Our achievements

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Our achievements are presented under each of our outcomes, including data on our outputs and case studies highlighting our work.

A key to achieving a fair and competitive marketplace is ensuring businesses comply with consumer laws. We continue to support businesses to be compliant by giving them information and resources and act quickly against businesses and organisations that are causing the most harm, to protect consumers before there is significant detriment.

Over the past year CAV continued to prioritise licensing, registration and compliance activities with a focus on rooming house safety and digital improvements to our systems. We prioritised rooming house safety checks to ensure compliance with the prescribed minimum safety standards, including secure doors and windows and up-to-date gas and electrical safety checks.

Licensing and registration transactions were made quicker and easier for businesses, professionals, and organisations. This was achieved by implementing several digital improvements to the BLA and CAV’s online licensing and registrations systems. Improvements included Automatic Mutual Recognition notifications, easier trust accounting notifications, and enabling rooming house operators to upload gas and electrical safety checks online.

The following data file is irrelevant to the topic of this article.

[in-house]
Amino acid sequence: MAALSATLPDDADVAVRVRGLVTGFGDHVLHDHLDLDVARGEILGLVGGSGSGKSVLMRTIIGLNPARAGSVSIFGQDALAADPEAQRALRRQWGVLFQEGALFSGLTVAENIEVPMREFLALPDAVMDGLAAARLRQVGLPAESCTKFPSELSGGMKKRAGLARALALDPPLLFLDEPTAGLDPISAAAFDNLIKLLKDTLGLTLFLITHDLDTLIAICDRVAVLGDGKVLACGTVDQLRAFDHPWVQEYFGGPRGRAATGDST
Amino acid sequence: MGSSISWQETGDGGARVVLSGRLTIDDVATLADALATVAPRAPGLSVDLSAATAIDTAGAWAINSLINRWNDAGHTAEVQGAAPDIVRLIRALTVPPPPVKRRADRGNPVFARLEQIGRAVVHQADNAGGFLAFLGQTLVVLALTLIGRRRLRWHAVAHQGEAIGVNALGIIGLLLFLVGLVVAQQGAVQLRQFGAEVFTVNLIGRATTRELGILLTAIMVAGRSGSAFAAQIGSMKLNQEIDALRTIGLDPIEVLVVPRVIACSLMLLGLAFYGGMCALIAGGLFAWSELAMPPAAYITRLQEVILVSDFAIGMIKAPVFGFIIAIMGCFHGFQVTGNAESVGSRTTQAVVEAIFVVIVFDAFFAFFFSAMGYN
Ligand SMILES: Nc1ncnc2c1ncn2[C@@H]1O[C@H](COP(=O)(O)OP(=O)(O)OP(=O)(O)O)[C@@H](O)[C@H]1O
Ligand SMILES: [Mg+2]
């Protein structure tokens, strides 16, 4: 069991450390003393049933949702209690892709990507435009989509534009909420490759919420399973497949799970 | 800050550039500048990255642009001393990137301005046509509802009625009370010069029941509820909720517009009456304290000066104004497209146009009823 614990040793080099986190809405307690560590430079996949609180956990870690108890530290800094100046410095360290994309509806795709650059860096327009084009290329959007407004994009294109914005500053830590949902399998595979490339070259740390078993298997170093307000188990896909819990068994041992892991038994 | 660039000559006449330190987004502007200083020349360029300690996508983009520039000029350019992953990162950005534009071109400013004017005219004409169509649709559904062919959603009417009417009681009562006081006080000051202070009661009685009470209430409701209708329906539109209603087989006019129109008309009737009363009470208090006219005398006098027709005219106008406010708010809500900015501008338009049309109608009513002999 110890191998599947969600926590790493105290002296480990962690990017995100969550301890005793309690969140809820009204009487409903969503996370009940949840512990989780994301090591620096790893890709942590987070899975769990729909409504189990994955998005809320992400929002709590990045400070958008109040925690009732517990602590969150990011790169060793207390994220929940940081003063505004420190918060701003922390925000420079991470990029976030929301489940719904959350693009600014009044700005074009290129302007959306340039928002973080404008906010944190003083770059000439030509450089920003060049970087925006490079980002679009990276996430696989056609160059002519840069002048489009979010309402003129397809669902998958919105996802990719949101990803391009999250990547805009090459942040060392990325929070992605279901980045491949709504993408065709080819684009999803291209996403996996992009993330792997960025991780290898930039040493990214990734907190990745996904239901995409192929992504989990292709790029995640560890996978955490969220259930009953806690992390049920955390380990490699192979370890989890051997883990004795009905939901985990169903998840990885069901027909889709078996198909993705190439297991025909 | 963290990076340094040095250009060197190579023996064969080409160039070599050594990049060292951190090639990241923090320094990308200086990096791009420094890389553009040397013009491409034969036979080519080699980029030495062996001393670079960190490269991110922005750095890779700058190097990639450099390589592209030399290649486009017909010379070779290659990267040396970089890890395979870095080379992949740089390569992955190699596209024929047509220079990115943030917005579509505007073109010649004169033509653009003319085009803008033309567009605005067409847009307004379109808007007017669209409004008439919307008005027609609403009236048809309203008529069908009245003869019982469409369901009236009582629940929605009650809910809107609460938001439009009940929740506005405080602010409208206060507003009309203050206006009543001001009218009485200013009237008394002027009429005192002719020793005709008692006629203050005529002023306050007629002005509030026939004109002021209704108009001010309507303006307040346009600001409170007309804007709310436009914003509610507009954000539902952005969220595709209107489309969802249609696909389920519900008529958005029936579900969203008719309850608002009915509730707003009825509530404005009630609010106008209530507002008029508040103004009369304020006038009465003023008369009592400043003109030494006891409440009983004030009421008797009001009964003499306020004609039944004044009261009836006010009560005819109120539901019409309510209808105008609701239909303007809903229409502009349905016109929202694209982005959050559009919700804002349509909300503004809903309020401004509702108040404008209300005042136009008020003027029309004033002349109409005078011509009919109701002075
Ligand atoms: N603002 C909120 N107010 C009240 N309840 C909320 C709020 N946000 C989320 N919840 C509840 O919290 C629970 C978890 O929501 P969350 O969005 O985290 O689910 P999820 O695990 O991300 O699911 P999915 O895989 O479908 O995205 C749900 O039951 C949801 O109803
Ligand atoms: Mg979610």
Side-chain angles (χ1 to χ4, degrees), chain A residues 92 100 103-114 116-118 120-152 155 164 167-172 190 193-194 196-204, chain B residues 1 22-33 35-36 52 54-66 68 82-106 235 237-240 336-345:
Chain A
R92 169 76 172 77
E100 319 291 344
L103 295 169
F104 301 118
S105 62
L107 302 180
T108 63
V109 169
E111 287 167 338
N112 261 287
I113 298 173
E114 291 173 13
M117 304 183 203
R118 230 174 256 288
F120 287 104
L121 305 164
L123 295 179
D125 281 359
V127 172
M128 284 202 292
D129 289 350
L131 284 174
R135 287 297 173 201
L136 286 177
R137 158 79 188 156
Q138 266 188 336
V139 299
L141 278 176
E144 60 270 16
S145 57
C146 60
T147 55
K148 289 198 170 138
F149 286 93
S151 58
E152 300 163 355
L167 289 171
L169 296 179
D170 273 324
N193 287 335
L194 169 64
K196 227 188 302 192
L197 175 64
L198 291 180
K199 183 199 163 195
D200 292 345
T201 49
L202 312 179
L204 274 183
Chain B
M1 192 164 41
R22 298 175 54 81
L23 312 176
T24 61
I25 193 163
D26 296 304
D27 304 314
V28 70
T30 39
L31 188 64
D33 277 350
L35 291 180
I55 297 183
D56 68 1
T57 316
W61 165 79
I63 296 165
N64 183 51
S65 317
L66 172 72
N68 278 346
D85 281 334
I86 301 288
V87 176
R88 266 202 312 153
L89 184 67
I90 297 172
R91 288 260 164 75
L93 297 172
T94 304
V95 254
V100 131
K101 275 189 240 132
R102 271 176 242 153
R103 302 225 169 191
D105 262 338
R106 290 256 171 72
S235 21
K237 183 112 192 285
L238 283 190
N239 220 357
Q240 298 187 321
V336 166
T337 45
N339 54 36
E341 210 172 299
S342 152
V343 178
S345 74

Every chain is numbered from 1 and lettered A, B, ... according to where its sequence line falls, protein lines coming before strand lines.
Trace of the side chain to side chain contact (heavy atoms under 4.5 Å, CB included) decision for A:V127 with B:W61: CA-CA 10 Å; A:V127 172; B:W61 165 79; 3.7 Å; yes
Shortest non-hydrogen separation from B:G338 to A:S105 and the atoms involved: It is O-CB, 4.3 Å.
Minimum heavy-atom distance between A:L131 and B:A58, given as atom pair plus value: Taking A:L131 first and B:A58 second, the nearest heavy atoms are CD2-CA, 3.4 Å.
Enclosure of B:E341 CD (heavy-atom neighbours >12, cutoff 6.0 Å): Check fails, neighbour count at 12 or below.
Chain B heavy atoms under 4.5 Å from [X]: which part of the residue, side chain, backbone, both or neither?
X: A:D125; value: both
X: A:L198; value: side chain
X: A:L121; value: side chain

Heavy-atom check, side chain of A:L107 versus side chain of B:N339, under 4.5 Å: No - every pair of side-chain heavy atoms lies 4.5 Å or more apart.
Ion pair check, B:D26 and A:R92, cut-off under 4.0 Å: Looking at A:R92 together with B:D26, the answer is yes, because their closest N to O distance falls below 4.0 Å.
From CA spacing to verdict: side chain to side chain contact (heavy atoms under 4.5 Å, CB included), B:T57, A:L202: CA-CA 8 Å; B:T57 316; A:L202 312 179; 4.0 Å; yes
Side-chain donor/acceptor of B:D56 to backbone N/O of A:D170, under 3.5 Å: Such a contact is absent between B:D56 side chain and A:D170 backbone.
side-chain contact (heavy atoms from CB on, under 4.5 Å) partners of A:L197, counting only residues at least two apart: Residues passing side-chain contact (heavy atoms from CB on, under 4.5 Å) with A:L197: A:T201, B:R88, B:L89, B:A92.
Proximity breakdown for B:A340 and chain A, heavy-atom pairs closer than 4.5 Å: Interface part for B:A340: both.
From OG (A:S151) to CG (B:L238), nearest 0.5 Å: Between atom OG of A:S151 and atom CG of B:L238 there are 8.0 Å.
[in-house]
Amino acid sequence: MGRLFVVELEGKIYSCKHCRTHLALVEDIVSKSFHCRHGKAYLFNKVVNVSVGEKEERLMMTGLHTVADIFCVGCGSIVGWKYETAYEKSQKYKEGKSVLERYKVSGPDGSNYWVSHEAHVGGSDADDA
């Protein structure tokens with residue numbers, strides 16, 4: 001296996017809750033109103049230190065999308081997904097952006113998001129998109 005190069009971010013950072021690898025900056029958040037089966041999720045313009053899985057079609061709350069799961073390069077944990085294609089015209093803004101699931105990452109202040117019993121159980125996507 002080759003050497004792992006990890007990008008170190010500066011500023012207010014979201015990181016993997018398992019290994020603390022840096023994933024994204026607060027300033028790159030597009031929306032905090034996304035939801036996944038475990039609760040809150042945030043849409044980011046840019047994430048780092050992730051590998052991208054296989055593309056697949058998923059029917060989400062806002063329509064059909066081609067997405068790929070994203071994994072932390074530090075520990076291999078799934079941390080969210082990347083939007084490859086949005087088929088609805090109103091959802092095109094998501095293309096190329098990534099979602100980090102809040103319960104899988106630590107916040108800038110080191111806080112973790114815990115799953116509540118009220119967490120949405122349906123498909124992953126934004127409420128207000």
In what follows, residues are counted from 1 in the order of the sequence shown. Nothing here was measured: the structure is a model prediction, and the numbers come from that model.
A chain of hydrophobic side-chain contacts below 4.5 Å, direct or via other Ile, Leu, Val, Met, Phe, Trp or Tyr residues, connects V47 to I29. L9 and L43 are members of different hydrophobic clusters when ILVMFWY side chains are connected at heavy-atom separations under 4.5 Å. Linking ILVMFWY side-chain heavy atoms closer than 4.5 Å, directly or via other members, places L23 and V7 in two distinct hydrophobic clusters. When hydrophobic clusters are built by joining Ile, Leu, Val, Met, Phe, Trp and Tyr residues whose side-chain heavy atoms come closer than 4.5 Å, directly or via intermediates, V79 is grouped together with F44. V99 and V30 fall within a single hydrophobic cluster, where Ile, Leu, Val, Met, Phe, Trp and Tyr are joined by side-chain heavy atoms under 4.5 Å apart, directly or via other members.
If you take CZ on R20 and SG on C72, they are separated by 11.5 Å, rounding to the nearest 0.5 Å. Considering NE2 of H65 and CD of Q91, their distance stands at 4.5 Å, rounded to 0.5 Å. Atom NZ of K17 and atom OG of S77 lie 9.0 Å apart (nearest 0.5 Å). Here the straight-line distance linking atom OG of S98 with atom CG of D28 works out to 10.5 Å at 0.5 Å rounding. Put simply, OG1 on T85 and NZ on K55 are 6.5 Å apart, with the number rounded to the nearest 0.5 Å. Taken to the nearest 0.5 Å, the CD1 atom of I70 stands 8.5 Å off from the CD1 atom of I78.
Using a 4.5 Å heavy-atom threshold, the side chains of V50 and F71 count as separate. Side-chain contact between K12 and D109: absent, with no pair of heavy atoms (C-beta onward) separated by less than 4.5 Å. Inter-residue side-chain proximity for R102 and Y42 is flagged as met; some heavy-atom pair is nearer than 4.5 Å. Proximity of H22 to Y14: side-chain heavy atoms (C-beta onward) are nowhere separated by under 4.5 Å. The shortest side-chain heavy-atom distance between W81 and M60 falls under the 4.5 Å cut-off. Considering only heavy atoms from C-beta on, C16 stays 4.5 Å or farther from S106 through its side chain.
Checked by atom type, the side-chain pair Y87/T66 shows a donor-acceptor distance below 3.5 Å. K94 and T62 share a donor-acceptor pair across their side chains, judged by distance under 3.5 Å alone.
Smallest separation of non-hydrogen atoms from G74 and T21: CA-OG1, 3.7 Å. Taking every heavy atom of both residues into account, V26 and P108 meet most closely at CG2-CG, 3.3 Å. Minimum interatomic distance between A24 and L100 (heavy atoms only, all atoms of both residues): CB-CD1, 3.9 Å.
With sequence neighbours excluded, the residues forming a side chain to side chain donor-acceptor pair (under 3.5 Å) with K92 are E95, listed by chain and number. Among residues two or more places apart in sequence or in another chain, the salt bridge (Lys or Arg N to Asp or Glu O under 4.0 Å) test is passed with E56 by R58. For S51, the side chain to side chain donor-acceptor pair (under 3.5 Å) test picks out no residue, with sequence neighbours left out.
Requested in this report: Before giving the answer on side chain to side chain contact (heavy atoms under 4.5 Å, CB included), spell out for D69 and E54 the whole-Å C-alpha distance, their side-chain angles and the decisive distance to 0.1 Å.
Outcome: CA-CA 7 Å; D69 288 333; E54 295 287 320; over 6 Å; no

Digital improvements to licensing and registration online systems

The Minister for Consumer Affairs, Gaming and Liquor Regulation issued the BLA and CAV with a new Statement of Expectations in September 2021. Significant changes included the addition of a key element to support economic and social recovery, as well as refreshed targets for the standing elements of timeliness, risk-based strategies and compliance related assistance. A crucial new target was to implement ongoing digital improvements to make licensing and registration interactions quicker and easier for businesses, professionals, and community groups.

In response, CAV implemented several digital improvements to its and the BLA’s online licensing and registrations systems, funded by the Victorian Government’s Regulation Reform Incentive Fund, with more planned for 2022–23. These digital improvements will make licensing and registration transactions quicker and easier for businesses, professionals and organisations.